By Angus Praught
The Dogwood Monarchist Society, Imperial Sovereign Court of the Dogwood Empire, The Mother Court of Canada, is responsible for the annual election of the Emperor and Empress of Vancouver, and for producing the most glamourous night on Vancouver’s drag calendar, the spectacular Coronation Ball.
Celebrating forty-six years in 2017, The Dogwood Monarchist Society (DMS) has a fascinating history, as well as membership in the International Imperial Court System (IICS), one of the oldest and largest LGBTQ2+ organizations on the planet. Canada’s Imperial Court System, established originally by the Empress of Canada, the late ted northe, now includes chapters across the country, from Halifax to Vancouver. The IICS encompasses over eighty cities in Canada, the USA, and Mexico, and each chapter is a legal, non-profit organization, with a mandate to raise funds for charity in its region, overseen by a board of directors.
Even before Hanns Ebenstein organized his first exclusively gay tours in 1973, monarchs were traveling to each other’s cities to attend their respective coronations, in a way making them the first (unintentional) LGBTQ2+ travel pioneers. Fast forward to 2017, and there is a substantial volume of travel being booked each year, as the 80+ courts travel to destinations across the continent, year-round. Notice a hotel lobby full of glittering gowns, dazzling crowns, impressive bouffants, and the drop-dead gorgeous milling about; chances are that you’ve arrived at the host hotel for the coronation ball.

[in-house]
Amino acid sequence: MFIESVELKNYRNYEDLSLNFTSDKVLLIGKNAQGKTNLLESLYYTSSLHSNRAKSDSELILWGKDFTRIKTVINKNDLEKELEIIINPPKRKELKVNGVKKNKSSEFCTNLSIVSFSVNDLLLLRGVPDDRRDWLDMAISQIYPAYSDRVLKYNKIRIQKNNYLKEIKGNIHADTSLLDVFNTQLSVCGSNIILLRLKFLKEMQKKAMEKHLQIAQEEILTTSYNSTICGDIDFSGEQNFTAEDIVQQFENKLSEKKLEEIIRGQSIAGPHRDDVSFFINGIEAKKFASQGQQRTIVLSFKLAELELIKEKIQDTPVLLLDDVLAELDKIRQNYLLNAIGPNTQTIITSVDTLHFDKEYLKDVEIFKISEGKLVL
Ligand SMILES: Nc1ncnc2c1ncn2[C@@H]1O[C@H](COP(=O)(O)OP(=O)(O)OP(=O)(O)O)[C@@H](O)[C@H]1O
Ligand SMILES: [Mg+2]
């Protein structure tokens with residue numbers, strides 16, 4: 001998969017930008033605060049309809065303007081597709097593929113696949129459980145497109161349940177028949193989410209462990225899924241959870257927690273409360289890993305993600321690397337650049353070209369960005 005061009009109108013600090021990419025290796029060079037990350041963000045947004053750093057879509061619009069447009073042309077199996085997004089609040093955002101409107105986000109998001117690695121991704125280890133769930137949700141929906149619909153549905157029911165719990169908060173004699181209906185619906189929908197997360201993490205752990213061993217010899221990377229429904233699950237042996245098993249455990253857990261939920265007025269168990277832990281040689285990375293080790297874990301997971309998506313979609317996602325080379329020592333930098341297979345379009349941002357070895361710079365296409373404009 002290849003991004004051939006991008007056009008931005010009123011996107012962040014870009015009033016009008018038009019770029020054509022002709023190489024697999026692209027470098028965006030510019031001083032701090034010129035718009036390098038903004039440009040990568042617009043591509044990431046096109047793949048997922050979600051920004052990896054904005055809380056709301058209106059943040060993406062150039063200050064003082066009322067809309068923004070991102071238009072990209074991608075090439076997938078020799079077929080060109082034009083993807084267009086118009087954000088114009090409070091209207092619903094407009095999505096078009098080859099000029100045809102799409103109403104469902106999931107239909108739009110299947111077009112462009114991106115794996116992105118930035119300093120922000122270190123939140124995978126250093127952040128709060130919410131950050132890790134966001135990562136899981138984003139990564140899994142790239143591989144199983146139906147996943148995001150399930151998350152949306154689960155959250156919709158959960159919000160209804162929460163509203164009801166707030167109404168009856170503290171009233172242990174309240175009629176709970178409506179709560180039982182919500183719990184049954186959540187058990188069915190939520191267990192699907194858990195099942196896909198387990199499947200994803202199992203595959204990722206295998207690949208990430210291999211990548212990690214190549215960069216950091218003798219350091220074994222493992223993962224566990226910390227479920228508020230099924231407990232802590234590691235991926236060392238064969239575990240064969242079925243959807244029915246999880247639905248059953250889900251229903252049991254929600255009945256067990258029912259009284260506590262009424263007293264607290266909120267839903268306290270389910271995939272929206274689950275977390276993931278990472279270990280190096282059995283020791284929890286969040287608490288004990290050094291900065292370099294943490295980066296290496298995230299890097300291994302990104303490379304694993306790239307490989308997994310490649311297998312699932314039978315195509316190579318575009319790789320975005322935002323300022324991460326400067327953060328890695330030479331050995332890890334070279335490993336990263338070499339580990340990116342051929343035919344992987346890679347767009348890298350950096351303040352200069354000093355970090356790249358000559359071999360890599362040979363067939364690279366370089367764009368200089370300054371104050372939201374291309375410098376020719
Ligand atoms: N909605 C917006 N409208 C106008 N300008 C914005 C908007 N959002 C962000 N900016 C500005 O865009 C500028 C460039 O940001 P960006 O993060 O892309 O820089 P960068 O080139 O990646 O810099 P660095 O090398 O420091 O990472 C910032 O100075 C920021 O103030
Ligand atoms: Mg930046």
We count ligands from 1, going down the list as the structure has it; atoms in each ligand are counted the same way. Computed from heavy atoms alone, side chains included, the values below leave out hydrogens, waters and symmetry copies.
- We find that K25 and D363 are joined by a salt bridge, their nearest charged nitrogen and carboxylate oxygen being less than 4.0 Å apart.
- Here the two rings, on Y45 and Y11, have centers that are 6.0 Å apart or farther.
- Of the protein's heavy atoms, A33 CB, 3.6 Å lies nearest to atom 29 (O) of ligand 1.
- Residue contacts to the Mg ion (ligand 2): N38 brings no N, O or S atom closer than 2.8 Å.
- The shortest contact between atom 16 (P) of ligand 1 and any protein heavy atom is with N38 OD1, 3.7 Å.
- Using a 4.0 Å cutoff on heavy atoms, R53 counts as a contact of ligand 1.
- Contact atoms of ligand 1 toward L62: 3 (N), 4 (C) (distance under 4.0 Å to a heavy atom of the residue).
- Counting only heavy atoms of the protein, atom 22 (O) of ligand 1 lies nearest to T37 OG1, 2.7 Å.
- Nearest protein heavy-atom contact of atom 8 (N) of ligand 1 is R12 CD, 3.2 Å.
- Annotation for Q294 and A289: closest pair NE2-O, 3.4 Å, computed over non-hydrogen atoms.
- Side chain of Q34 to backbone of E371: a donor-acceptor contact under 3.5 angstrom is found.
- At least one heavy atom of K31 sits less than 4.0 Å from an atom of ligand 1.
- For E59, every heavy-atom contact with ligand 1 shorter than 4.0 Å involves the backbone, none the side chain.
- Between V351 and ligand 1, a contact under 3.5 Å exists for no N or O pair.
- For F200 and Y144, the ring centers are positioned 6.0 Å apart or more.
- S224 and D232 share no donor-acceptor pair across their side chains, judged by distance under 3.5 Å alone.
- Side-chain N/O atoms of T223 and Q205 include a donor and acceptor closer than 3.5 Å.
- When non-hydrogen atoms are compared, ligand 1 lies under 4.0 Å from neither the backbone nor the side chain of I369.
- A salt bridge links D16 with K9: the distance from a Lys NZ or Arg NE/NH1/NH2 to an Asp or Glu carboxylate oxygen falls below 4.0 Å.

Vancouver is where it all began in Canada, and we were fortunate to be able to have an up-close and personal chat with the current reigning monarchs, Emperor XLVI Tommy D, and Empress XLVI Jane Smokr, who reveal a little bit of what goes on behind the scenes, and what’s in store for the 46th Reign.
Angus Praught: Hello Jane and Tommy. First off, congratulations on being elected Emperor and Empress for the 46th Reign!
AP: Can you tell us a bit about yourselves and your roles with the Dogwood Monarchist Society?
JANE: Well yes, I’ve been doing drag for about five and a half years now. I’m originally from New Westminster, born and raised Jehovah’s Witness, turned gay, turned drag queen, turned Cobalt queen; my roots are in East Van, through and through. Then I ventured into the downtown/West End scene, won [Vancouver’s] Next Drag Superstar, while on a steady incline in drag, and most recently before becoming Empress, had my own monthly and weekly show, had my own book of my own selfies, had my own song, did a little bit of acting, and basically covered all the bases in drag that a drag queen would want to do. So the next step for me in Vancouver was to do something a little bit beyond being just about me, and that came in the form of running for Empress. Past Empresses encouraged me to run, I discussed it with Tommy to see if he would run with me, he agreed, and so we did it, and here we are.